Hollywood calling

In 1896, having returned to London, Smith made his debut on the West End stage as the villain Black Michael in The Prisoner of Zenda.

And 41 years later, he appeared in the film version of the novel, this time as the wise old advisor. That was the occasion when Douglas Fairbanks, Jr asked him whether playing the villain Rupert of Hentzau might damage his career as a romantic lead. Smith famously answered “Young man, I have played every part in The Prisoner of Zenda except Lady Flavia, and I can assure you that nobody ever damaged his career by playing Rupert of Hentzau.”

Smith acted in a few early British movies and later made his successful move to Hollywood. He also made his Broadway debut in a revival of George Bernard Shaw‘s Pygmalion, starring in the role of Henry Higgins.

However, it was as a character actor — typecast as a British officer or gentleman — that Smith soon became popular and recognisable.

Within bounds, though. He did act in major hits of the time and starred alongside leading ladies such as Greta Garbo, Elizabeth Taylor, Vivien Leigh and actors Clark Gable, Laurence Olivier, Ronald Colman, Maurice Chevalier and Gary Cooper. He portrayed the ‘Duke of Wellington’ in three different films. Yet, there is the story of his being spotted sitting in the pavilion of Lord’s many years later. One MCC member had supposedly nudged another saying, “That man over there seems familiar.”  The response was “Yes. Chap called Smith. Used to play for Sussex.”

Smith was also considered the unofficial leader of the British film industry colony in Hollywood, sometimes called the Hollywood Raj. This was identified as a select group of British actors who were supposedly colonising the capital of the film business in the 1930s. This group included David Niven, Ronald Colman, Rex Harrison, Robert Coote, Nigel Bruce, Leslie Howard and Patric Knowles.

Hollywood Cricket Club, was, of course, much closer to his heart. The field and pavilion at Griffith Park took a lot of sweat and passion to be built, and involved the planting of five cartloads of English grass seed. During shooting, Smith could be seen coaxing Niven and Colman to turn out for his cricket team. The side never lacked star quality, even if sometimes short of cricketing talent. The team lists boasted the likes of Nigel Bruce, PG Wodehouse, Laurence Olivier and Basil Rathborne. Niven recalled that Smith once duped him into net practice on an evening he had firmly resolved to devote to ‘chasing some skirt.’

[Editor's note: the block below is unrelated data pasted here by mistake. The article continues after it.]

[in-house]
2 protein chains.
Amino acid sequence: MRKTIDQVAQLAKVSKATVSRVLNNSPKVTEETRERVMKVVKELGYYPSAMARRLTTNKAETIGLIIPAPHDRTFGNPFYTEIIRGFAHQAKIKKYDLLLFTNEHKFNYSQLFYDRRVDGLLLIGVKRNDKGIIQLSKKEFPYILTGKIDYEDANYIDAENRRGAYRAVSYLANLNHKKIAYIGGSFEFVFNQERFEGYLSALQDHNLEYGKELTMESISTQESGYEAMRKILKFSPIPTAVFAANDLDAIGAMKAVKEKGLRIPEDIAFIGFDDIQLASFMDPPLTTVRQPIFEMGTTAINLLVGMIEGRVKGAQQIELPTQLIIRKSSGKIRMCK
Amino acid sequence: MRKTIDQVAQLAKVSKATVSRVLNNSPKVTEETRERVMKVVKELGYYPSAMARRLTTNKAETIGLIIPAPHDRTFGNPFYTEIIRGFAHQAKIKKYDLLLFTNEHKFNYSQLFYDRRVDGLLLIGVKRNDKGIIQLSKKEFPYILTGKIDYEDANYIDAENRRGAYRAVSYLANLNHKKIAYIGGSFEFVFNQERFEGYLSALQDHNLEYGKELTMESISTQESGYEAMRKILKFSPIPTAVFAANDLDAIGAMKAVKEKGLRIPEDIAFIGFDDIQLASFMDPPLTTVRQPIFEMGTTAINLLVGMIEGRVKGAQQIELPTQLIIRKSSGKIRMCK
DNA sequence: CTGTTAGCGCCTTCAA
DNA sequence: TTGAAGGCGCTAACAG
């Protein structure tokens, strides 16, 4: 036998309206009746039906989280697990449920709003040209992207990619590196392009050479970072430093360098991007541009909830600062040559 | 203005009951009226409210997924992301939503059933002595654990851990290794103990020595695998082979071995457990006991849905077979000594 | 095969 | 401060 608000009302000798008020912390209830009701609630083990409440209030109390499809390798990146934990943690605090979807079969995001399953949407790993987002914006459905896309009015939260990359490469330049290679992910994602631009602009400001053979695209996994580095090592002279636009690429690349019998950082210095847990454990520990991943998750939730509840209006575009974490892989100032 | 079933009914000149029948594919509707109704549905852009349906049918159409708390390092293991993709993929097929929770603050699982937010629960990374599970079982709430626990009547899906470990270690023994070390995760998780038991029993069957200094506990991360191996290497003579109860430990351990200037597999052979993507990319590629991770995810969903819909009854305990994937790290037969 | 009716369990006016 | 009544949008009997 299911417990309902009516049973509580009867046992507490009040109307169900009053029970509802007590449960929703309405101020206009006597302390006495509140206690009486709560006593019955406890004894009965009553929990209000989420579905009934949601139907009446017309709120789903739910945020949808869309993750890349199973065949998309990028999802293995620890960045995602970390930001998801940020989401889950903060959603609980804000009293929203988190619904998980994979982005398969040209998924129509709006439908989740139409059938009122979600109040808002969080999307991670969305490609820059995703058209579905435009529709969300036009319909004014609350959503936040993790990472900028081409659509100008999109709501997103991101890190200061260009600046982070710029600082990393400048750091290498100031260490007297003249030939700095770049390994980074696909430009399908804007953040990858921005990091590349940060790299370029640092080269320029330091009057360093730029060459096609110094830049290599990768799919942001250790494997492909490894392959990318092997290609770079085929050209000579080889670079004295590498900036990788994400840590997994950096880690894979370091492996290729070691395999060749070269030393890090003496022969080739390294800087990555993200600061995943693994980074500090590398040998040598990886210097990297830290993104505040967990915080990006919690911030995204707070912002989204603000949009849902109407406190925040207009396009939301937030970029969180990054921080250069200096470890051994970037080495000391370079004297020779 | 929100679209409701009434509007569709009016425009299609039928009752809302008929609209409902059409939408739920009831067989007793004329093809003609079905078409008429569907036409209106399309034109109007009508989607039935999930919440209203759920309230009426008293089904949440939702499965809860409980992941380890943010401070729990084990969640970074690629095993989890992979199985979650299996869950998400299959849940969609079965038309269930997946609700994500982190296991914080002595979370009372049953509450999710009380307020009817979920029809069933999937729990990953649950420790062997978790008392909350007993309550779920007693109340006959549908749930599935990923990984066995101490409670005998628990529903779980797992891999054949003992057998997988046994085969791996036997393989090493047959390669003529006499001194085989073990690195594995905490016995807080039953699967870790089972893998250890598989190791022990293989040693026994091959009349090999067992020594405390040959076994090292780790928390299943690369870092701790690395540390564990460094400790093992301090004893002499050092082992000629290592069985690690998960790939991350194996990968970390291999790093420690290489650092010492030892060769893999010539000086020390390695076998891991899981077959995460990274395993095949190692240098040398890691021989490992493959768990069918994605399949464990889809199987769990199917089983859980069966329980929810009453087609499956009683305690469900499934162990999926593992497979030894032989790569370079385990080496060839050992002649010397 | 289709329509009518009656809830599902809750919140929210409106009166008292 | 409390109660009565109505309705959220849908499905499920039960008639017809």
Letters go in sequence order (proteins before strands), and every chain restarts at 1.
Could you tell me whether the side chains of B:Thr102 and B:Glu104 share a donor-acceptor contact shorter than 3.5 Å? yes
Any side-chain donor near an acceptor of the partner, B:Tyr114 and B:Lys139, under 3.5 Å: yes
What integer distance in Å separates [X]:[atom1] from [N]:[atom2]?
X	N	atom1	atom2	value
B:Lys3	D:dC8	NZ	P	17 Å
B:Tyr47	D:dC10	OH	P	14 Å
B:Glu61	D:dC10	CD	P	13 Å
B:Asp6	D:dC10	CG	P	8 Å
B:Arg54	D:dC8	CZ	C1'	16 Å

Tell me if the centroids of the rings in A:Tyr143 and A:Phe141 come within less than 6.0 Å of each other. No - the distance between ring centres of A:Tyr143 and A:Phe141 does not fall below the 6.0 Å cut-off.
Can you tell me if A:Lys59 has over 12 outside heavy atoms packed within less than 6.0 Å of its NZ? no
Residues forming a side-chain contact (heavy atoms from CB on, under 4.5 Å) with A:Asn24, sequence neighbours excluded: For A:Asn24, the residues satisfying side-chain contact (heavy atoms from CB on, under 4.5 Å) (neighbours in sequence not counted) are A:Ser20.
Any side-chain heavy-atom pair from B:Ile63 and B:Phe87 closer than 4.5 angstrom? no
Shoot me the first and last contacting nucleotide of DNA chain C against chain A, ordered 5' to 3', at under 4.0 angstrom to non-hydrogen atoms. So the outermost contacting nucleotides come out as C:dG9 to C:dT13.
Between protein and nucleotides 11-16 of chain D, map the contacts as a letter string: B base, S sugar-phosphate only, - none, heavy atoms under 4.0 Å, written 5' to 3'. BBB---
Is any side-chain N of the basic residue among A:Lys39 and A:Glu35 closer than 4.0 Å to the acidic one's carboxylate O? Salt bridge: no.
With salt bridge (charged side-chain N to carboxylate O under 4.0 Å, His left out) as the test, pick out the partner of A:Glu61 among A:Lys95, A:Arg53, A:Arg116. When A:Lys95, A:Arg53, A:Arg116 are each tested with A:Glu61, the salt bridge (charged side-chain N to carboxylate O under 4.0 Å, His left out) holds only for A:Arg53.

Half a decade after the club became operational, Smith was delighted to find Gubby Allen and his troupe docking in Los Angeles on their way home from the 1936-37 Ashes series. He revelled in providing glimpses of on-going work on the sets of Prisoner of Zenda and other such educational snippets pertaining to the movie world to the likes of Allen, Hedly Verity and CB Fry.

Two years later, while Four Feathers was being filmed, Archie MacLaren turned up in the town. Smith found him as hard up as ever. He arranged for the former Lancashire and England skipper to earn some money as an extra. However, many aficionados have watched the movie over and over again and have not been able to spot MacLaren in any of the footage. Perhaps the chores allocated to him dealt with activities behind the scenes.

Smith passed away after a bout of pneumonia in 1948, and is the only England cricketer to have a star named after him in the Hollywood Walk of Fame. It was heart-breaking for the lovers of the game when the cricket-ignorant Los Angeles City Council bulldozed the Griffith Park and Pavilion to convert it to an equestrian centre for the 1984 Olympics.

Charles Aubrey Smith remains the greatest cricketer to have effortlessly made the transition from sight-screen to silver-screen. And it was due to his passion for the game that the British stars in the American West Coast still managed to hear the sweet sound of willow hitting leather over all the sound and fury of Hollywood productions.

(Arunabha Sengupta is a cricket historian and Chief Cricket Writer at CricketCountry. He writes about the history and the romance of the game, punctuated often by opinions about modern day cricket, while his post-graduate degree in statistics peeps through in occasional analytical pieces. The author of three novels, he can be followed on Twitter at http://twitter.com/senantix)